Editor’s Note: The first in a three-part series
Standing at the Rim of the World Vista about 15 miles east of Groveland along Highway 120, I could see where the fire started at Jawbone Ridge. I had just been through Groveland and past my old house on Hells Hollow Road, places I had not seen since I moved away in 1979.
There is not much to keep most young people in a place like Groveland, but there was one thing I did appreciate about living on Hells Hollow Road, about eight miles east of town. The landscape was undeniably lovely, resplendent with clear blue skies and manzanita shrubs, pine and cedar trees, cold springs, streams, waterfalls and ponds.
On weekends and many days in summer, I rode Dutch, my buckskin gelding, up Hells Hollow until the paved road turned into a dirt path through the Stanislaus National Forest.
Dutch would carry me to the top of a ridge, where I could see pines and canyons and blue sky stretching for hundreds and hundreds of miles. I’d sit there on Dutch’s back for upwards of an hour sometimes, looking out over the vast horizon while Dutch stomped his hooves and snorted dust from his nose, and while squirrels and mice rustled in the dry pine needles below.
There is nothing else in the world like that kind of stillness and solitude, and it is the memory of those moments that drew me back to Groveland last week. I had to know if the smell of pine sap had been replaced by the odor of charcoal, and if I could still hear the wind through the trees, if I stood alone on a ridge overlooking the forest.
About mid-morning, I stopped at the Iron Door Restaurant to buy a soda and talk to Jane Collier and John Pritchard, restaurant employees who told me that the Iron Door had to lay off forty restaurant employees during the fire, though they were closed only one day. The saloon, however, stayed open and kept all seven bartenders working throughout the fire.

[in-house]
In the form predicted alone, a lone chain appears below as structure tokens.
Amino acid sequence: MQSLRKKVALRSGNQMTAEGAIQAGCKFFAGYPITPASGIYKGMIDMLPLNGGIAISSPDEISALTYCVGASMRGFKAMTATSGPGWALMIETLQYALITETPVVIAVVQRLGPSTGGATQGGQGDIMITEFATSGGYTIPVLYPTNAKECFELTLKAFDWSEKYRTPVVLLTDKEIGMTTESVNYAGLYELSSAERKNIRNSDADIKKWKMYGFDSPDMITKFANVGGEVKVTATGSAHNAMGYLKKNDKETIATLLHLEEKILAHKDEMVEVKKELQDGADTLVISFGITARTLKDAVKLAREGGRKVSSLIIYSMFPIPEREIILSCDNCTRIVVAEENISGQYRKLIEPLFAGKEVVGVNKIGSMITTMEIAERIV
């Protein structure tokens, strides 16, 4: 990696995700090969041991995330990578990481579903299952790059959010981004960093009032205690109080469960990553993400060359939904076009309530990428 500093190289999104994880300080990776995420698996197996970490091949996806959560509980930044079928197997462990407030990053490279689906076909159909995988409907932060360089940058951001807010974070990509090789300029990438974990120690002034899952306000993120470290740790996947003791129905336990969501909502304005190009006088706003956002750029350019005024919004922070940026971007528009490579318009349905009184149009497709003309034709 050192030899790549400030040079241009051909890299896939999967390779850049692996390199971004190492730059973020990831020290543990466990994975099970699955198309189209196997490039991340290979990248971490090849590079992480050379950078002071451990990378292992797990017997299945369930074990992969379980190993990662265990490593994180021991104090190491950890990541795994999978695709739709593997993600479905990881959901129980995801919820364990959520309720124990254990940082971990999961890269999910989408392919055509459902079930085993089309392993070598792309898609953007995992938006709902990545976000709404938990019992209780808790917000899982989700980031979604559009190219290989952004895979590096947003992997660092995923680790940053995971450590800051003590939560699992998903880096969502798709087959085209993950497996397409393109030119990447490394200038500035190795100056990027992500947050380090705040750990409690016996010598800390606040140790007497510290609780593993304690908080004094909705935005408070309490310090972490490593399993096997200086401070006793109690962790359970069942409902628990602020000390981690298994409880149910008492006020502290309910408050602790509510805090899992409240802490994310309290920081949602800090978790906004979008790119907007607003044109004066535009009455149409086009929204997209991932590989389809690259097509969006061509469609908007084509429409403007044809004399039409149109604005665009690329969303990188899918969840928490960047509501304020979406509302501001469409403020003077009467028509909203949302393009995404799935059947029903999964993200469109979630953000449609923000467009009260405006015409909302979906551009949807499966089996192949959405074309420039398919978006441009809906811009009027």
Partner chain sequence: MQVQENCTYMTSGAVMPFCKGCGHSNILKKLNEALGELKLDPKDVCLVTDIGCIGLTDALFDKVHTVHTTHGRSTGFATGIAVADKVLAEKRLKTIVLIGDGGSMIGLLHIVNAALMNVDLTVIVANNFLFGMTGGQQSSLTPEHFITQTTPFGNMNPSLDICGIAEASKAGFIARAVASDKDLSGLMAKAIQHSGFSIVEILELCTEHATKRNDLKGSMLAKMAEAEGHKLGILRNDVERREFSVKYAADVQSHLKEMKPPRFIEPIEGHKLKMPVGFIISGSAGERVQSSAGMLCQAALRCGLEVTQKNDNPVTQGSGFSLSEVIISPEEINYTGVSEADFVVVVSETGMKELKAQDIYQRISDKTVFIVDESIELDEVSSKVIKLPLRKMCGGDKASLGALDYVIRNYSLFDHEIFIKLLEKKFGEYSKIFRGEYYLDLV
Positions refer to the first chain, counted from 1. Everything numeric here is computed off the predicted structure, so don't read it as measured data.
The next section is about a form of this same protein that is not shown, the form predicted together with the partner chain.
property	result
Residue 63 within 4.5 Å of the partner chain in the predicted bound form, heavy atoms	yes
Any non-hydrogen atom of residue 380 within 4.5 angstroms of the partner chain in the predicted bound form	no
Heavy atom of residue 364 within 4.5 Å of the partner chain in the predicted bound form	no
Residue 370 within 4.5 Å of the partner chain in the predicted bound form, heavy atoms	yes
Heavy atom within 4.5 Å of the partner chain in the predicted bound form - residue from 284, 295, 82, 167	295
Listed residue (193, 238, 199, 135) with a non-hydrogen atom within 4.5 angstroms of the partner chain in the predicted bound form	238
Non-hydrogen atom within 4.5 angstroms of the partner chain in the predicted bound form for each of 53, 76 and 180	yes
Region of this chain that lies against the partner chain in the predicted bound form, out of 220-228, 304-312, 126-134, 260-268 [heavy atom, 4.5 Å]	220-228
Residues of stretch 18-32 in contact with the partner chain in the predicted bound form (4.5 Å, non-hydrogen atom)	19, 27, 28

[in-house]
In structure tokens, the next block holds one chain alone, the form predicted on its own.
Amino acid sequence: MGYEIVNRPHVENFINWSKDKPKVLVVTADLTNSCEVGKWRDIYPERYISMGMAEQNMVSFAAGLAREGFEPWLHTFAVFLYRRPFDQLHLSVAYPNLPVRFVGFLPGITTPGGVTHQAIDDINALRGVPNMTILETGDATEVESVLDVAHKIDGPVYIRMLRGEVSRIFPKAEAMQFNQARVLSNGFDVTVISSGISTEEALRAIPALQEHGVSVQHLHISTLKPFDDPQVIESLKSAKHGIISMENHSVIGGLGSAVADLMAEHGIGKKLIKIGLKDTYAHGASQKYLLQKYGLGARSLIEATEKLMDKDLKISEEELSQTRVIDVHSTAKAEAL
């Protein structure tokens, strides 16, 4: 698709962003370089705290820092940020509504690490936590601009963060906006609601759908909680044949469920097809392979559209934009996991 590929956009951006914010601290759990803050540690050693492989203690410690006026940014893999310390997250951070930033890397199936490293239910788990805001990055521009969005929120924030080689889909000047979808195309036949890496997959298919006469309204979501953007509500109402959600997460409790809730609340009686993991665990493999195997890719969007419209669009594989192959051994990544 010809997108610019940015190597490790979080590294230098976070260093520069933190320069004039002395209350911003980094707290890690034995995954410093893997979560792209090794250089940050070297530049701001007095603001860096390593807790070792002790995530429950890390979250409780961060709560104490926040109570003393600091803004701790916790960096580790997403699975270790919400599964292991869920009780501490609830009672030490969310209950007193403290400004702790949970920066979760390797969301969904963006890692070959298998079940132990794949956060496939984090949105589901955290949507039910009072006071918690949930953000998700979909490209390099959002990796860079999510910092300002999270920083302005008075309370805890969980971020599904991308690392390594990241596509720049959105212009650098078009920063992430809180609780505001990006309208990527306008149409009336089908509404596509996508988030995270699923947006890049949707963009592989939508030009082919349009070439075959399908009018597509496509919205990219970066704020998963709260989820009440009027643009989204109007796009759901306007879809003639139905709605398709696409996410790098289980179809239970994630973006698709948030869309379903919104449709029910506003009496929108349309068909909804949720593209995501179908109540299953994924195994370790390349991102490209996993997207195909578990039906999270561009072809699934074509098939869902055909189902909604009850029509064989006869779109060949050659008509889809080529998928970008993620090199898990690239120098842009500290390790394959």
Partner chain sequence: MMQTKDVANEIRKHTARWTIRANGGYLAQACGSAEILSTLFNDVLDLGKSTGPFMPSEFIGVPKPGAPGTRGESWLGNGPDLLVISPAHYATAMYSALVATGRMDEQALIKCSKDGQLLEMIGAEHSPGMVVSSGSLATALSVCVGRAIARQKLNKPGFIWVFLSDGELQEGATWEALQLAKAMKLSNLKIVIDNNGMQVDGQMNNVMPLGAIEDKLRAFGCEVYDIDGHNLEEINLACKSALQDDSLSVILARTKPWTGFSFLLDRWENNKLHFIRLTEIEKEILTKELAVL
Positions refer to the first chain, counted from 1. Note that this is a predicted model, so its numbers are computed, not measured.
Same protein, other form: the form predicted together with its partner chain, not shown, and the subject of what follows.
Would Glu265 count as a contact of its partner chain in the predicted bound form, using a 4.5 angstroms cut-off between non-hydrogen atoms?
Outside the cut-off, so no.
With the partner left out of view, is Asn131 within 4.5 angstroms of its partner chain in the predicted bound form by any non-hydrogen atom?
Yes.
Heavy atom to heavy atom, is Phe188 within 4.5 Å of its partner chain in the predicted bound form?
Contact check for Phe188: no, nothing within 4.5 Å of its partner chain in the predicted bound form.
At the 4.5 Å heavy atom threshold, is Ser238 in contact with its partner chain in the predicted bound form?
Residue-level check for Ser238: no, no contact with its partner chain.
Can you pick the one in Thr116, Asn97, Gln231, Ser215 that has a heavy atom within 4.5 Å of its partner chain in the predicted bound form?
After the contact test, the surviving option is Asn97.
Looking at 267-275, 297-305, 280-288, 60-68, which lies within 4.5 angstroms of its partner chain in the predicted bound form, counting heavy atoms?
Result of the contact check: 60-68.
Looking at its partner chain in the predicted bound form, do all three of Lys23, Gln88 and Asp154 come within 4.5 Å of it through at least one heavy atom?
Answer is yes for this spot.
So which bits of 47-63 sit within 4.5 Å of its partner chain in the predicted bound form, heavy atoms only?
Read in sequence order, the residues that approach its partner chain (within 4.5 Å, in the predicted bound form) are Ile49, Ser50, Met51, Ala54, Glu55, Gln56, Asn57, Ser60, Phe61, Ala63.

I mentioned to Jane that she was probably tired of talking to reporters.
“Yeah,” she said. “I ducked down behind the counter when the news crews came in.”
Jane told me that the opening of school was delayed by a month, the back side of Pine Mountain Lake was evacuated and Rainbow Pools, a long-revered swimming hole just past the Rim Vista, had been devastated by the fire.
“Have you been up there?” I asked.
“No,” she answered. “I don’t want to see it. Some people I know have been up there and they say it’s all gone.”
But Groveland itself has not suffered any long-term ill effects from the fire. In fact, the entire town seems to bustle with activity. It is today a place entirely different from the one I left in 1980, though the old structures still remain, including the wood-clad building that once housed my father’s feed store — now a church.
Outside of Groveland, I encountered a new Highway 120 that cuts the distance to Hells Hollow Road by half, and I came upon my old house unexpectedly. I continued east on 120. As I passed the Groveland Ranger Station, I saw a Smokey the Bear sign: “Fire Danger Moderate Today.”
And then I arrived at the Rim of the World. I stood and looked out at hundreds of miles of ash and blackened tree trunks. On the day I was there, Sept. 27, the fire was 84percent contained, still burning around Cherry Lake and Hetch Hetchy Resevoir.
The hunter responsible has turned himself in, but the U.S. Forest Service and other authorities are not releasing information about him.
I imagine, though, that he stood at the top of Jawbone Ridge sometime in the early dawn hours of Sept. 17, and he looked out at an expanse of pine trees and granite. Perhaps he felt that perfect solitude, that moment of clarity when one fully appreciates his insignificance in the vastness of the natural world.
And then he kicked dirt over his illegal campfire, checked to make sure the embers were all covered, and started his hike out, completely unaware of what he had left behind.
Brigitte Bowers is a lecturer in the Merritt Writing Program at UC Merced.